Maximilian is from the USA, but didn't find his La La Land until he discovered Shanghai

As a gifted squash athlete in America, Maximilian had big plans to be a collegiate athlete in the US. But he changed his mind after he came to Shanghai...

Holin’s words:

As a gifted squash athlete in America, Maximilian had big plans to be a collegiate athlete in the US. But he changed his mind after he came to Shanghai. Now, ambitious Maximilian wants to be an entrepreneur.

I got to know that Maximilian liked Shanghai’s shared bikes and wanted to introduce the idea to US campuses, and he's already been working on it – the 22-year-old has already received “the green light” to test the idea there, and he didn’t even mention that during our interview. What a low key person.

With a light blue shirt and dark blue jeans, Maximilian is already a true entrepreneur in my mind. But one thing impressed me most: he loves China's Xiaomi!

When we chatted about Google and Apple Inc., Maximilian excitedly pointed to his feet and strongly recommended the local electronics brand. “I love Xiaomi! It’s amazing. They sell everything," he said with a big smile. “I use all kinds of their products."

I’m looking forward to the day when shared bikes become a common thing on US campuses. And maybe Maximilian will create a US-style Xiaomi to beat Apple.

Holin Wang / SHINE

Name: Maximilian B. Reiff

Nationality: American

Job: Student

Years in Shanghai: 3

Holin: Do you have an impressive story related with Shanghai?

Maximilian: My most memorable moment was when I decided to come here. Back in 2013, during my first visit to Shanghai, I took a Bund night cruise, and the skyline, the first time I saw it was absolutely incredible. In that moment, I realized that there was a whole world to see and learn from and that China is a very important piece of it. I knew then and there that I had to come here.

But overall, I think Shanghai itself is one of the most amazing stories.

Since I started studying here four years ago (Maximilian left for a year during that time to study in Tel Aviv and New York at NYU Stern), Shanghai has changed significantly. In that time, it has added another Metro line, built an entire Disney World, completed one of tallest buildings in the world, and taken complete advantage of electronic wallets and payment. Since I have been here, I have witnessed Alipay and WeChat Pay become the standard method of payment for everything from a chocolate bar at Family Mart to street food outside. A standard wallet is no longer necessary.

Then there are the little things like the recent addition of (fresh) orange juice vending machines. Now, when I take the Metro, the addition of an instant fresh orange juice has become a standard part of my journey, and I love that.

But my absolute favorite is the (shared) bikes. That happened just one year ago, since I came back in 2016, and now there are bikes everywhere, and the city feels much more accessible; all of the sudden, there isn’t a place I cannot get to.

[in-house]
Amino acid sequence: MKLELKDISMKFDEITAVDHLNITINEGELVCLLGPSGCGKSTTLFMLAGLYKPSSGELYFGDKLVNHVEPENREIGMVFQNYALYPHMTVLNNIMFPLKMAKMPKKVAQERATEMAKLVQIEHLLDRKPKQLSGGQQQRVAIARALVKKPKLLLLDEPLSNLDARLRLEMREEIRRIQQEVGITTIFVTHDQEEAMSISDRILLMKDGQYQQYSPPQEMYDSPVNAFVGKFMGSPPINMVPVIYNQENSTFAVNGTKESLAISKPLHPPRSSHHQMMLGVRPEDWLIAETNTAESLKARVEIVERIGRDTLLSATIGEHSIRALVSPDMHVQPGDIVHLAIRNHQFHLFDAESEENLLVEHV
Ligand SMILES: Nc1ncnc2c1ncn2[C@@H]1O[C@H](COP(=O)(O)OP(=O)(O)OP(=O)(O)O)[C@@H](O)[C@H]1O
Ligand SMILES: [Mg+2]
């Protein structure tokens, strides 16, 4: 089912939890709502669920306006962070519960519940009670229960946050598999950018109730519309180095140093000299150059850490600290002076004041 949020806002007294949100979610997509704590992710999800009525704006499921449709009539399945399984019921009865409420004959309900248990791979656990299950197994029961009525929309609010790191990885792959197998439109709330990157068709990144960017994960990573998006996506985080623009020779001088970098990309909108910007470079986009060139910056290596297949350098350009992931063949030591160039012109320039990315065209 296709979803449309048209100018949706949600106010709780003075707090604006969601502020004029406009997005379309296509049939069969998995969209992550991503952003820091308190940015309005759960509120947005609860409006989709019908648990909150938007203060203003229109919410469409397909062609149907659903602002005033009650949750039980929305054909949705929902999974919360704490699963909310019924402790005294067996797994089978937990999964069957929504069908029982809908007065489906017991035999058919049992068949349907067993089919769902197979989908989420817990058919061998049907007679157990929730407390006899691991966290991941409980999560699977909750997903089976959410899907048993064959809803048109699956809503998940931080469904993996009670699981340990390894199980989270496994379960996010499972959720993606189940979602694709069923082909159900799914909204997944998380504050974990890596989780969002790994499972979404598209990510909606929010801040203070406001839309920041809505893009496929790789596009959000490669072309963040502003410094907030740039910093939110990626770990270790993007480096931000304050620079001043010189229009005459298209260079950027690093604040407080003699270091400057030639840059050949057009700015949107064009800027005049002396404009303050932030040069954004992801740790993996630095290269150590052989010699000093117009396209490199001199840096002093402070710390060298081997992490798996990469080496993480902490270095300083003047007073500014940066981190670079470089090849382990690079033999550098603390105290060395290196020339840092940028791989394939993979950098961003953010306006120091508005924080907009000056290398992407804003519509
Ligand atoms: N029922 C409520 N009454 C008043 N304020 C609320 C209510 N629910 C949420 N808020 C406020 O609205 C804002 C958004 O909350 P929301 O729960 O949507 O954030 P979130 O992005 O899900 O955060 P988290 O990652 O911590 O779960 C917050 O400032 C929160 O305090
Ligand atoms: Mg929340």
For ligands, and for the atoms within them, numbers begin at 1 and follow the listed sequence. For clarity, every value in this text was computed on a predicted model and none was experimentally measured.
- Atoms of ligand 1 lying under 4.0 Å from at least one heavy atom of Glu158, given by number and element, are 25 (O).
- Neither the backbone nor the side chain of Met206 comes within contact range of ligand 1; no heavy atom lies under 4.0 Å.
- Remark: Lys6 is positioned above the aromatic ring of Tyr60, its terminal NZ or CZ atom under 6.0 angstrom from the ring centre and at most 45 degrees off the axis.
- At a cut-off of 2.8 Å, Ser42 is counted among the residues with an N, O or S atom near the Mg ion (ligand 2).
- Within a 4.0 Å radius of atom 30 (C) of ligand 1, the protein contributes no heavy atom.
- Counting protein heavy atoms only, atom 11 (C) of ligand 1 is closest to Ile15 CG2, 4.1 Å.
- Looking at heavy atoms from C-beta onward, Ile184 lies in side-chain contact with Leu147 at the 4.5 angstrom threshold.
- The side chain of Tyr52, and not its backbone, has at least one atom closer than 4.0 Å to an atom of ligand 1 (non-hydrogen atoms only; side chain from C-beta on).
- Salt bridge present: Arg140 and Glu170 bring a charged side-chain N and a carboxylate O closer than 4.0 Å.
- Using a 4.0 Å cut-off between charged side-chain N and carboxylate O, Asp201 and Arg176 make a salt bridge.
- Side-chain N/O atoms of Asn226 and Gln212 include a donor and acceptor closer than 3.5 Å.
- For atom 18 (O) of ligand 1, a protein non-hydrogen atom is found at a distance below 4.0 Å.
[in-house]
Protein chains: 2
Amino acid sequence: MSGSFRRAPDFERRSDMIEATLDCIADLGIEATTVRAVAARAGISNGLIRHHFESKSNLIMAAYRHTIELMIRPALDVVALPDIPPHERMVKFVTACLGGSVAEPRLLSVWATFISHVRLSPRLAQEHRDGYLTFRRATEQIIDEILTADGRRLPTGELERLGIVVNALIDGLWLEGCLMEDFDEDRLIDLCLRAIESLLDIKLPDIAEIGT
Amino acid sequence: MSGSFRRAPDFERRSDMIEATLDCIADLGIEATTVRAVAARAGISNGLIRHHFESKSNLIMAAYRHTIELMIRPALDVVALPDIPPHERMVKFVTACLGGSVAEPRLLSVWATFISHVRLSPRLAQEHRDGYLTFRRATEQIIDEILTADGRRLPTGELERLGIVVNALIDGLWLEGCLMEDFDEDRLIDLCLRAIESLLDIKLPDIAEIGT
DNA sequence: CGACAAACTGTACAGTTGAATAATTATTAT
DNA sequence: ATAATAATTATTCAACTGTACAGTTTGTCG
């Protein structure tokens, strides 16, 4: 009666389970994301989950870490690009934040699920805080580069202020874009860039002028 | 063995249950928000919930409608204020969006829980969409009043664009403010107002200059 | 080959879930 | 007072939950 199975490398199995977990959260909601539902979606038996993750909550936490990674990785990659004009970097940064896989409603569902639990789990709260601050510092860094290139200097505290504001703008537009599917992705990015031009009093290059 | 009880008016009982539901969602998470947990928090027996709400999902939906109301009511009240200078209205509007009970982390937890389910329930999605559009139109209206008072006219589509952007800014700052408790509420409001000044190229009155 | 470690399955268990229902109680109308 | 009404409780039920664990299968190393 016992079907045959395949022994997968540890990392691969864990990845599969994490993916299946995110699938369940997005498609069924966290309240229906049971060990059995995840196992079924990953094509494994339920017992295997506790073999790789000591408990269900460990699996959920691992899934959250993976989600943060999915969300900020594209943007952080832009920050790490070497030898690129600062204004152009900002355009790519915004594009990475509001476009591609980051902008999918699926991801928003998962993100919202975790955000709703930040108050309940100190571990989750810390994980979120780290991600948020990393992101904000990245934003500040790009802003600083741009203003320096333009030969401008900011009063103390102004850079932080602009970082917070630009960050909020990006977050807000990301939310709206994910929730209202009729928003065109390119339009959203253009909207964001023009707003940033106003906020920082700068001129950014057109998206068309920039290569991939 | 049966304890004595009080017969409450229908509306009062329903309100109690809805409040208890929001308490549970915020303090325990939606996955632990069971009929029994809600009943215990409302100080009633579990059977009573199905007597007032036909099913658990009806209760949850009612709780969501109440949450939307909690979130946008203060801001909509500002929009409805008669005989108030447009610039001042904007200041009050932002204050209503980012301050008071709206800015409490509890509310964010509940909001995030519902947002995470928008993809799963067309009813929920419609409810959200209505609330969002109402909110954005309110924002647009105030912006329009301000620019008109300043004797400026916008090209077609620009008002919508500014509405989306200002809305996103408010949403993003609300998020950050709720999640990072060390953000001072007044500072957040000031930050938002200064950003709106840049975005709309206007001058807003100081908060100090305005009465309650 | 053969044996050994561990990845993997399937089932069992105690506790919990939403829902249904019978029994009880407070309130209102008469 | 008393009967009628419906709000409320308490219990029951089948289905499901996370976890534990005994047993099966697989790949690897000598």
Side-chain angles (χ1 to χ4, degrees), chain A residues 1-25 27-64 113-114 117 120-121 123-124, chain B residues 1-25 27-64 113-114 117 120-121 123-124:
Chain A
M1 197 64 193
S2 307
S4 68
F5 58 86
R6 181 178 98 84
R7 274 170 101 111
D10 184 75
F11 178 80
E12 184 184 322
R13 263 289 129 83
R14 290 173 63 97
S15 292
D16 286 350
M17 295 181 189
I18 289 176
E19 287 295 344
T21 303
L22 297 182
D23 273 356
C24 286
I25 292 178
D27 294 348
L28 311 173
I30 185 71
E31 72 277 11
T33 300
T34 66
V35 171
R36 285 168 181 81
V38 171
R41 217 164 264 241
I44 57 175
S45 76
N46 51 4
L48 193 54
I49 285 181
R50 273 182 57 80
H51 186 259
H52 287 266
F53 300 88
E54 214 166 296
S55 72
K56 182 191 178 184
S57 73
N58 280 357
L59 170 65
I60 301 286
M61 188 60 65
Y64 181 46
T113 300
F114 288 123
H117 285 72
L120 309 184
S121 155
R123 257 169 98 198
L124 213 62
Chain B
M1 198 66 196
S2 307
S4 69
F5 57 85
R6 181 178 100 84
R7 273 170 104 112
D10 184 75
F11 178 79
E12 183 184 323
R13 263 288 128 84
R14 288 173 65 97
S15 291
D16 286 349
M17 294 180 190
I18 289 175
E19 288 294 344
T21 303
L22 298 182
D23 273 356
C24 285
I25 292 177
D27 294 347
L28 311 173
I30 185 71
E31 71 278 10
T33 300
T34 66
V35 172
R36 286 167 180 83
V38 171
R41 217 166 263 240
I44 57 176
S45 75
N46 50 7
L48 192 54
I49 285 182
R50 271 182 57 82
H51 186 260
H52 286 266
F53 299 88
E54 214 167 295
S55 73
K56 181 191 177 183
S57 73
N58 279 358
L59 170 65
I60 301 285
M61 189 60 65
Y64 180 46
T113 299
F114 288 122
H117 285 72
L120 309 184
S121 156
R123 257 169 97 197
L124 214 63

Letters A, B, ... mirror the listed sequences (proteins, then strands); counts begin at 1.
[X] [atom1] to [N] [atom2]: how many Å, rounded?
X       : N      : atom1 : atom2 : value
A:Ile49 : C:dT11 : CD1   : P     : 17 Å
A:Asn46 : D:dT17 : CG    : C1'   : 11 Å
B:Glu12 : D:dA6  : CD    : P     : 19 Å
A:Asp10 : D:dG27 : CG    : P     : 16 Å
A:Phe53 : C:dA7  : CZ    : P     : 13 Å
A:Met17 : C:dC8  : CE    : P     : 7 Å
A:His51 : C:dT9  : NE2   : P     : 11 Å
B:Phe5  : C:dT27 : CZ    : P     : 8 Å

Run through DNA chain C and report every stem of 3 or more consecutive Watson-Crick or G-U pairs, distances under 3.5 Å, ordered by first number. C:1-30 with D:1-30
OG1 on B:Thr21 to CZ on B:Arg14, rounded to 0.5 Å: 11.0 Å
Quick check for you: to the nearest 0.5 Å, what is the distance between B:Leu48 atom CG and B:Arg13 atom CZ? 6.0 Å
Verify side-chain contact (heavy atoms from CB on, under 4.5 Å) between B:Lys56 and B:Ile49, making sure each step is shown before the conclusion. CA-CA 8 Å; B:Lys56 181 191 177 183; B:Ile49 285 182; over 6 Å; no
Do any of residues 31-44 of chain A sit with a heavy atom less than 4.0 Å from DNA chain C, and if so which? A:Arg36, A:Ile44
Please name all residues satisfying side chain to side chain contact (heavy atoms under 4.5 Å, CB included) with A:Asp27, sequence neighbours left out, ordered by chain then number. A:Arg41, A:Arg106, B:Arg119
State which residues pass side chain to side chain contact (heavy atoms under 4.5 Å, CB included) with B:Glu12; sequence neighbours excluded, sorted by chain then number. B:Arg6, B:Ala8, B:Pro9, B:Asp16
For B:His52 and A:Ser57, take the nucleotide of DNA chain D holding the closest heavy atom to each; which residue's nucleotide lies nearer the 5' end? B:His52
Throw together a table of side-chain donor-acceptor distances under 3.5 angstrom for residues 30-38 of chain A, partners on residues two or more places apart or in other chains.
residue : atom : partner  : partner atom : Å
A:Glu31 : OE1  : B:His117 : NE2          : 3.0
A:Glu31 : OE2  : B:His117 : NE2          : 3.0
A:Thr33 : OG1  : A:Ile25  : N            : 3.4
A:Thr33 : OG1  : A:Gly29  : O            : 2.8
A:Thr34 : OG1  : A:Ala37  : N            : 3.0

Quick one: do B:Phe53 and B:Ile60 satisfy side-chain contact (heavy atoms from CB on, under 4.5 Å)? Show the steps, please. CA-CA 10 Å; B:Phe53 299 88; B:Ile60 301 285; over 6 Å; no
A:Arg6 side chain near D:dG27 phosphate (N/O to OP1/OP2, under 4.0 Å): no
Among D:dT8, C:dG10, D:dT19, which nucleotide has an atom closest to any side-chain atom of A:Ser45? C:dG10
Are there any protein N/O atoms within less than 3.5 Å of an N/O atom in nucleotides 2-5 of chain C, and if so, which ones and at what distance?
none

Holin: You mean you can reach everywhere in Shanghai with a shared bike? Wow! But Shanghai is so big, right?

Maximilian: That's the thing, Shanghai is big, but it doesn't feel that big anymore. The bikes make it much smaller. I am seeing parts of the city that I'd never seen before and that is something I really enjoy.

Holin: How do you spend weekends in Shanghai?

Maximilian:  I just shared part of my secret: I take bikes and I sightsee. Or sometimes I just Metro to various destinations and explore. I enjoy finding new places, discovering new things, and meeting new people as often as I can. It’s like a constant treasure hunt in this city; you never know what you’re going to find, but it is bound to be exciting.

When I am not doing that, I might venture to trade fairs and meet suppliers, go to markets and explore new trends, or just go out, talk to people and make new friends. You never know what you might learn from others or the hidden gems you might find when you go out and search. Shanghai is full of surprises.

Holin: You do this exploring alone?

Maximilian: Sometimes alone and sometimes with friends. Other times I may just go with my girlfriend and we make a date of it. She has been really great in that way, always curious to see new things and make the most of our time here. I think that is why we click.

And then other times, I travel outside of Shanghai. I mentioned that I like to go to trade fairs and meet new people. For example, Guang Jiao Hui (The Canton Fair), in Guangzhou. I like to go and connect with people, so that I can help others back home that need supply chain relations for efficient expansion into new markets. It also helps me refine my supply chain knowledge and allows me to work on my Chinese trade lingo should I decide to produce things in the future.

I went to a show in Shanghai this weekend actually. I have a lot of work right now so unfortunately my time is very limited, but I managed to take the day off and meet some great suppliers that are working on stuff that I would like to bring back to the US for a project I am working on. Adventures like these also allow me to discover new things, so when people ask, I can provide them the best recommendations.

Holin: Which place do you like best in Shanghai? 

Maximilian: My favorite place is Xiao Yang Sheng Jian (Yang's Fried Dumplings). I also really like a place called Lin Long Fang’s xiaolongbao (steamed dumpling). It’s a restaurant near Xintiandi, in the Luwan district, and they make the best xiaolongbao. It is delicious, and I’d recommend it to anyone looking for a true taste of Shanghai.

I also like various spots along the Bund where you can enjoy a nice view of the skyline.

Holin: The Bund area is very big. Which part of the Bund do you like best?

Maximilian: I like the area around Guangdong Road, from which the Pearl Tower stands directly across and all of Pudong shines brightly. For people who have never been to Shanghai, a visit is not complete without a night time view of the Bund from that area. I also enjoy walking around the streets behind there, like Nanjing Road E. The city comes alive at night and the lights tell its story in both of these areas.

The back streets and alleys are also fun, but it’s hard to say exactly where. I enjoy random parts, walking around areas like Xiaonanmen (Little South Gate), and seeing the other personalities of Shanghai, full of delicious street foods and completely random activities. I urge anyone exploring this side of the city to find a jianbing (pancake) stand and try one; it is one of my favorite Shanghai snacks.

Holin: Which road do you like best here?